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Dr. Ray Pettit

Dr. Ray Pettit

What is your educational background?

I have a Bachelors in Engineering and Computer Science. I got my bachelors when I was in the military.

What is your work background?

Before I came to ACU, I worked primarily for six different organizations doing software development and research. I worked for the Air Force research lab, a small startup involving military contracts, I was a military contractor doing training software,  I worked for NASA in their research center, a small tech startup, and then a robotics company in New York.

What do you teach at ACU?

I currently teach computer science classes: entry level programming courses and an artificial intelligence course which I really like. I’ve gotten to teach that for about ten years now. In the past I have taught computer and design and special topics for robotics. I’ve done a couple honors colloquia, which are really fun, on artificial intelligence and futurism. I also co-taught with Andy Little on AI society and law.


What committees/other duties do you have at ACU aside from teaching?

Right now I don’t have any official committee appointments. In the past I’ve dealt with recruiting a lot.


What drew you to teaching? Why did you want to work with students?

I got drawn to teaching on the job, doing software development work. I really liked the parts of my job where I could help a company out who is new in the industry and teach them about our software. Along the way I found I liked explaining things in general. In college, I was really introverted; I was the stereotypical computer science geeky kind of person. Over the years I became really extroverted. I found myself liking more and more the parts of my job that included interaction with other people. A few of my jobs were solo, isolated projects and I realized I didn’t like that anymore.


What’s the best part of working with students? 

It’s that moment when they understand some concepts for the first time and they realize that it is valuable. Talking about a theoretical concept and showing it in practical terms and getting students to see the value of theory is just really cool.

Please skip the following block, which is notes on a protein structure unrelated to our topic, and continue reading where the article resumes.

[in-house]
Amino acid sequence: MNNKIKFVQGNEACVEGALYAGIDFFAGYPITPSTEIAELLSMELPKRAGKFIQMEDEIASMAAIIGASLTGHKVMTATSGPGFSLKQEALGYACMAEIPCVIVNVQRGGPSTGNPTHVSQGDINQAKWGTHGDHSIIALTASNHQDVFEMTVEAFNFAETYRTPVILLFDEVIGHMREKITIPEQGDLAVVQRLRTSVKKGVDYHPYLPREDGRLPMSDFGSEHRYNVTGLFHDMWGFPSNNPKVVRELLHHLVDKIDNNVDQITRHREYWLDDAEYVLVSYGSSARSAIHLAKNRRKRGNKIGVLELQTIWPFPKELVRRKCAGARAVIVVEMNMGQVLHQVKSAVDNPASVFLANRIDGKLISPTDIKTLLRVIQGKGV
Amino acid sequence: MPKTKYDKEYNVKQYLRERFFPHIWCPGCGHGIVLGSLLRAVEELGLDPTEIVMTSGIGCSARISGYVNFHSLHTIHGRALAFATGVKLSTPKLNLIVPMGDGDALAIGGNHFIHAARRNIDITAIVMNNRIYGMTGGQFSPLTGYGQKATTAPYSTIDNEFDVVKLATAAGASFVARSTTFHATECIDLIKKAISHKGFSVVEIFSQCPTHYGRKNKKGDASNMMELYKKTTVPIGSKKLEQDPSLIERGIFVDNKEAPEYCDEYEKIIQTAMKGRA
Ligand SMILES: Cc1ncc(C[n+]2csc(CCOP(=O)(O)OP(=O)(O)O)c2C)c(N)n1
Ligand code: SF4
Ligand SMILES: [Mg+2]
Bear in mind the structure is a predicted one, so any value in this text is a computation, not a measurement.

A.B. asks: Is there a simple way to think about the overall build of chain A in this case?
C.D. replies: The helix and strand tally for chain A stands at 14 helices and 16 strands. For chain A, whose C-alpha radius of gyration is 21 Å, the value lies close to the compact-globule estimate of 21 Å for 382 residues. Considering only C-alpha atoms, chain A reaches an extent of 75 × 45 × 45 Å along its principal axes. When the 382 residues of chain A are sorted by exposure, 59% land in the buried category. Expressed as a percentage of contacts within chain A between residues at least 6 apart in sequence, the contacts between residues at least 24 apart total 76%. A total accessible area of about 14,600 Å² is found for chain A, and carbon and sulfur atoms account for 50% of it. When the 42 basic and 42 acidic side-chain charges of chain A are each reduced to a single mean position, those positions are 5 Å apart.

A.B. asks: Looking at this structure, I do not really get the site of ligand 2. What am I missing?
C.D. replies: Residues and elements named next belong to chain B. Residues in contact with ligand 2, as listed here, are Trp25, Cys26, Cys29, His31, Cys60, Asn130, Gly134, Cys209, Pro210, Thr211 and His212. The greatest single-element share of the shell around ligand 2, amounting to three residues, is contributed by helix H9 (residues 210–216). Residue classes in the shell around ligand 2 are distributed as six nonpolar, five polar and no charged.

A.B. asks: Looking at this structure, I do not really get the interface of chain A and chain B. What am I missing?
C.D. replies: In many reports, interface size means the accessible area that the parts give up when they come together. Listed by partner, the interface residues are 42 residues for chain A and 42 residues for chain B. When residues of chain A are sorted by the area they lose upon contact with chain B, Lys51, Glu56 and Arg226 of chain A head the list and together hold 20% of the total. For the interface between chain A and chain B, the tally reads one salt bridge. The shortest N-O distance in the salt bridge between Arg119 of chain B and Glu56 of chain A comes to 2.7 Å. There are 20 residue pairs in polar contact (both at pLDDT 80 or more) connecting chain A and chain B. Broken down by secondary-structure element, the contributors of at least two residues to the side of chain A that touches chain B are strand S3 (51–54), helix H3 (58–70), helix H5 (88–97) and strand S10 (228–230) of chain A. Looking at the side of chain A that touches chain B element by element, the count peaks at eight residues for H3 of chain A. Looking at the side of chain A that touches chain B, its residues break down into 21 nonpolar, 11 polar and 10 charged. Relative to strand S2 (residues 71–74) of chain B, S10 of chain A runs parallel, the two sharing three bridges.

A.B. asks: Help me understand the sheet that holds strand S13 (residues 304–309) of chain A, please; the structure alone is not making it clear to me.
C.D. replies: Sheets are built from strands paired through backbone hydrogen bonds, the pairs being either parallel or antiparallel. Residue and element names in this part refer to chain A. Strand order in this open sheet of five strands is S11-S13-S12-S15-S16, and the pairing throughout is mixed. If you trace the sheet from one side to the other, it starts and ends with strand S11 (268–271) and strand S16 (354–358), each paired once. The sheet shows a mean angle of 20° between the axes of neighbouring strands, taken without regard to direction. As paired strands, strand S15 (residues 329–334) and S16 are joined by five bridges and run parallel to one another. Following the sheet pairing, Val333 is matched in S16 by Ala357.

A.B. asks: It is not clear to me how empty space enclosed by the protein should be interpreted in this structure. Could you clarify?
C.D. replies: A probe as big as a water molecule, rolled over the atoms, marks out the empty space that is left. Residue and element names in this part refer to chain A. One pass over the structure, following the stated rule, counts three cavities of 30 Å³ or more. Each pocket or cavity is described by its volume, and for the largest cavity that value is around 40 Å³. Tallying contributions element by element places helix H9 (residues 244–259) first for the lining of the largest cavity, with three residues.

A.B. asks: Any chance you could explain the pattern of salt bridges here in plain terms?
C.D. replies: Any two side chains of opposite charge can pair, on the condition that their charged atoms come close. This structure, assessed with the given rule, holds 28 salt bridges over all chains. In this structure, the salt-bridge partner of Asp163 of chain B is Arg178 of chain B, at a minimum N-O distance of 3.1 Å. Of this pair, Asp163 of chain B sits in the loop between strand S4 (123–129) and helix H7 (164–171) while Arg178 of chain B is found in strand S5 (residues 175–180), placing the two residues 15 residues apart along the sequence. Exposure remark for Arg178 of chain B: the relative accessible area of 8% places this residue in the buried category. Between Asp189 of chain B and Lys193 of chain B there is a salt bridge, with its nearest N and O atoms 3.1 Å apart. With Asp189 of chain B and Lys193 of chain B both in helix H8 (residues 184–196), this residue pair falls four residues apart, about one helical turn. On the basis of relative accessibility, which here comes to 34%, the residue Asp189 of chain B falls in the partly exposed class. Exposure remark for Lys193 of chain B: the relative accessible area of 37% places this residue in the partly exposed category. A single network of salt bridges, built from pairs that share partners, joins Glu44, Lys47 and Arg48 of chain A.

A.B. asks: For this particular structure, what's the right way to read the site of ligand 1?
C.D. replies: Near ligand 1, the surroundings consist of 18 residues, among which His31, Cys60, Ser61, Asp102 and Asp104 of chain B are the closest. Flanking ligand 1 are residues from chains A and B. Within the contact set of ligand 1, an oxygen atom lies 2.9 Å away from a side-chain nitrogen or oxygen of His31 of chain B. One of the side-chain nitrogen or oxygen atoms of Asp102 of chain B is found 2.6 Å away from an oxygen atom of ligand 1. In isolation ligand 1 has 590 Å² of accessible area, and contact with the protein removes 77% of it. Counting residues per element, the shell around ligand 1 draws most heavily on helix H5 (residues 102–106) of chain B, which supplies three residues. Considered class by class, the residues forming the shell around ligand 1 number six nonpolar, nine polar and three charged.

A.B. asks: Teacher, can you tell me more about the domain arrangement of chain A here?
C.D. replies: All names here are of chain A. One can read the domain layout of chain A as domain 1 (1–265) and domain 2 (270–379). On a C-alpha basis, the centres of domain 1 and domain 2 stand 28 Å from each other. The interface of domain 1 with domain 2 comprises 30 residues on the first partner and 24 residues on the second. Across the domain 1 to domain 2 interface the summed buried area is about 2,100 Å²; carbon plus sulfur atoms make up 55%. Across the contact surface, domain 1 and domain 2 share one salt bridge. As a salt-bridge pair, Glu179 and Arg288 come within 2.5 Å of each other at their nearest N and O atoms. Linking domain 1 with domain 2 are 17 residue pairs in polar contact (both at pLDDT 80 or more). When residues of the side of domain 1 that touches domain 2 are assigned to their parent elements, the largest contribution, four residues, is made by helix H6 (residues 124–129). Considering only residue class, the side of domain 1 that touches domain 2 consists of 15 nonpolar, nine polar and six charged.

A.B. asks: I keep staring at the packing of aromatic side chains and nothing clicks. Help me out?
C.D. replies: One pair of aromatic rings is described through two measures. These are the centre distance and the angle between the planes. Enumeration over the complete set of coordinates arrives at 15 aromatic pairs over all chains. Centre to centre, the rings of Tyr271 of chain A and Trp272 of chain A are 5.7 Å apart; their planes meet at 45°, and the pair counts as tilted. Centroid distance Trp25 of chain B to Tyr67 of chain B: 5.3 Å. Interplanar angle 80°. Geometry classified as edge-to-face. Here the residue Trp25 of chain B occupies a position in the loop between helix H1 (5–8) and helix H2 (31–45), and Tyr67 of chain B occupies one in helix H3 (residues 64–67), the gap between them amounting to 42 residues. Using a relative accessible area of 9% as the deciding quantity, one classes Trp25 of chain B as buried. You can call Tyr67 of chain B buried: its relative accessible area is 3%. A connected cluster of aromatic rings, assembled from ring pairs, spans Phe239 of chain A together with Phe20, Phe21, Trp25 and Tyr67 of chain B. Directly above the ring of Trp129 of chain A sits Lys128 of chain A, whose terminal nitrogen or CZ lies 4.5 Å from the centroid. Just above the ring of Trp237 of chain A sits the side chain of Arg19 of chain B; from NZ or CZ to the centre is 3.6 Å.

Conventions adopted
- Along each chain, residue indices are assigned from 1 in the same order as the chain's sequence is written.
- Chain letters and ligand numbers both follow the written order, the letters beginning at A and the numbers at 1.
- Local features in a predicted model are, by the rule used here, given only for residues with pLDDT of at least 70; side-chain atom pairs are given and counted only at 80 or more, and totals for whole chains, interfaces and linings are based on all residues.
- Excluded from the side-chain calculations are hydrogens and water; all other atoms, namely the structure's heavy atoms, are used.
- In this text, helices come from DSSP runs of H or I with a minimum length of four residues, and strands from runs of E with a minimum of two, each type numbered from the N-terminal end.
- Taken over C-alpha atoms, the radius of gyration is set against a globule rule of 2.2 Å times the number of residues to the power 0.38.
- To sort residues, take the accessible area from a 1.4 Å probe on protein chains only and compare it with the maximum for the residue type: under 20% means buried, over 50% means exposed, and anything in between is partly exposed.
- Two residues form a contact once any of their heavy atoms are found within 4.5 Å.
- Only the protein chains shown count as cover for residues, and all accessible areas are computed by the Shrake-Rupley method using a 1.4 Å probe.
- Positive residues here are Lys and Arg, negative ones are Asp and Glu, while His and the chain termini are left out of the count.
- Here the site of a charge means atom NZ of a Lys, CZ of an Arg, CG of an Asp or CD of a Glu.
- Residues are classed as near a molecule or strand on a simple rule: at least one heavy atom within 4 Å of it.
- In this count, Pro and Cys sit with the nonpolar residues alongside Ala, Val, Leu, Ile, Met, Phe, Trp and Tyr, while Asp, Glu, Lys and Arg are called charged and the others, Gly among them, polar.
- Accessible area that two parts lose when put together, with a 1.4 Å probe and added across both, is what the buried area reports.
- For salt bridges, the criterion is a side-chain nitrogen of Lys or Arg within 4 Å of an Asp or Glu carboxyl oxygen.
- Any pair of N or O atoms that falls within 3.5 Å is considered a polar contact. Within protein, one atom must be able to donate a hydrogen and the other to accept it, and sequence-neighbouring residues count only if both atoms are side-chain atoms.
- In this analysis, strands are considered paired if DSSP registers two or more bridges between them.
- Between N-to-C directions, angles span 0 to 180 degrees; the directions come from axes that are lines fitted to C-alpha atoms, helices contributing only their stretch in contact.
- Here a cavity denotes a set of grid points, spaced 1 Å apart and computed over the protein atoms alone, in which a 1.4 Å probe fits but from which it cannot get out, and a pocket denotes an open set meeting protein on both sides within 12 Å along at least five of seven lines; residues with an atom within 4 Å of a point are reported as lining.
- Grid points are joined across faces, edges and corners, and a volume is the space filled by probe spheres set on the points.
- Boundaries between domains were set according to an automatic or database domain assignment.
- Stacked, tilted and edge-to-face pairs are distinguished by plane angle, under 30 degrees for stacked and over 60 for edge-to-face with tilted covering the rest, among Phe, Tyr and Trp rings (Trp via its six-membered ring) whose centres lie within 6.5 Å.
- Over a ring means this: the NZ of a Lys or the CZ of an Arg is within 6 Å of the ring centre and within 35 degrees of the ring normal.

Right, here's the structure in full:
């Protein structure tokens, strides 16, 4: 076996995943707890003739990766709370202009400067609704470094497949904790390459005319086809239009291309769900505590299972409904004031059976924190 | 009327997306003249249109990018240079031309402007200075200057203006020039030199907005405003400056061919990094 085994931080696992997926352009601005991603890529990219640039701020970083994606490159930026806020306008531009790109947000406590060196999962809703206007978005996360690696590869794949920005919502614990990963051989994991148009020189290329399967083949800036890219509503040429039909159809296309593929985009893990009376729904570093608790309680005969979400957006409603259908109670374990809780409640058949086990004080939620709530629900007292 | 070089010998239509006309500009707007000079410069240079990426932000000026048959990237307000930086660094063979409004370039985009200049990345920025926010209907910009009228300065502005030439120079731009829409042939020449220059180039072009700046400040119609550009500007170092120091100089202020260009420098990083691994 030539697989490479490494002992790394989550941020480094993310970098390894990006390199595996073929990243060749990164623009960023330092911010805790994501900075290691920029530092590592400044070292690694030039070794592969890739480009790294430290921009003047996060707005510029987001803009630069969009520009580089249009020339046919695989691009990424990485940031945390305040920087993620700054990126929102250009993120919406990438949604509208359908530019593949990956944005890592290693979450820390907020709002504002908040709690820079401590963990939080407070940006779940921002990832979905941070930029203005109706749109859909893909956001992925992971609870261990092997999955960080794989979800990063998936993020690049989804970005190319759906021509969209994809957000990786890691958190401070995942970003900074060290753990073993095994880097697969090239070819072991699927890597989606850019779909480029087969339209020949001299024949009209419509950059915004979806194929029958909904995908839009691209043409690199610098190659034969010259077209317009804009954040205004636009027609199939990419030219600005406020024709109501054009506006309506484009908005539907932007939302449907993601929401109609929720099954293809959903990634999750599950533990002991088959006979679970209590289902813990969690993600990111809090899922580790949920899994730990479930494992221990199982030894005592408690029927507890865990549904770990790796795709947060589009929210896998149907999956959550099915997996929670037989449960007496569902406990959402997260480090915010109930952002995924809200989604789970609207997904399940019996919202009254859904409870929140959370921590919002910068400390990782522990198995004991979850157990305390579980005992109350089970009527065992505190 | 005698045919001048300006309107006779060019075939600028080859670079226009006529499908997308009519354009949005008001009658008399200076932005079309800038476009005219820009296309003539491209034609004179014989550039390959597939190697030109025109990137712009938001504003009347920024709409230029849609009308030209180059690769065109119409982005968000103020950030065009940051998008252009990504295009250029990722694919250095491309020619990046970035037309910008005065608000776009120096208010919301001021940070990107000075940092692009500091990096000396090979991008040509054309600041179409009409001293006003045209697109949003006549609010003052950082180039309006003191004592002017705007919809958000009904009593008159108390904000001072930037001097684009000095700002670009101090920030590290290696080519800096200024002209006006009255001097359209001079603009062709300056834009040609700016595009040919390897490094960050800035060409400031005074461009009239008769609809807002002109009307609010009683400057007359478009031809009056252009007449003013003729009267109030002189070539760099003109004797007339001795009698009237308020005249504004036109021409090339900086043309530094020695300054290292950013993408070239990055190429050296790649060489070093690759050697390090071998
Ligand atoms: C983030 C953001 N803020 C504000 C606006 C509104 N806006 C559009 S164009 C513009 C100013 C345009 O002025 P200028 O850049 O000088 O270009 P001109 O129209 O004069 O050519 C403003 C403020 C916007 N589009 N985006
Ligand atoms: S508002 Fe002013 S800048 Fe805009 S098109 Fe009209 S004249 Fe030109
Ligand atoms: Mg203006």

Have you ever given up any big opportunities to keep working with students? 

I worked in industry for twelve years. When it came time to teach, I knew that meant missing out on a lot of things. I was making twice as much as I am making now which meant I would have to take a pay cut. It was worth it because this is what I like to do and this is worthwhile and more fulfilling. I am contributing more to the world by helping people learn things than by making code run faster. Since I’ve been here, I have gotten occasional offers but turned them down.


Outside of teaching, what passions and hobbies do you have?

I like to travel a lot. I helped start a charity several years ago. We started an orphanage in India that has been running nine years now. We’ve been branching out and have been hiring some teachers for some slum areas and making some wells. I also went to Africa one summer to help teach and set up computer equipment and internet access. I like video games a lot. I like playing sports, I like watching sports. I go to almost every type of ACU sport there is at least three times.


What is a good, early story about your teaching? 

The very first semester I taught, I was teaching operating design. The first or second class period I was telling students that the next class period we were going to talk about designing a software system. We were going to do role playing where people were playing the role of a different software component and simulate the interaction between those computer situations. So the next class period, one student came in and had a big brown monk’s cloak on with the hood and a rope belt and a big fuzzy die. I asked him if he was at some convention before class and he said, “No Mr. Pettit, you said we were role playing today so I came dressed appropriately.”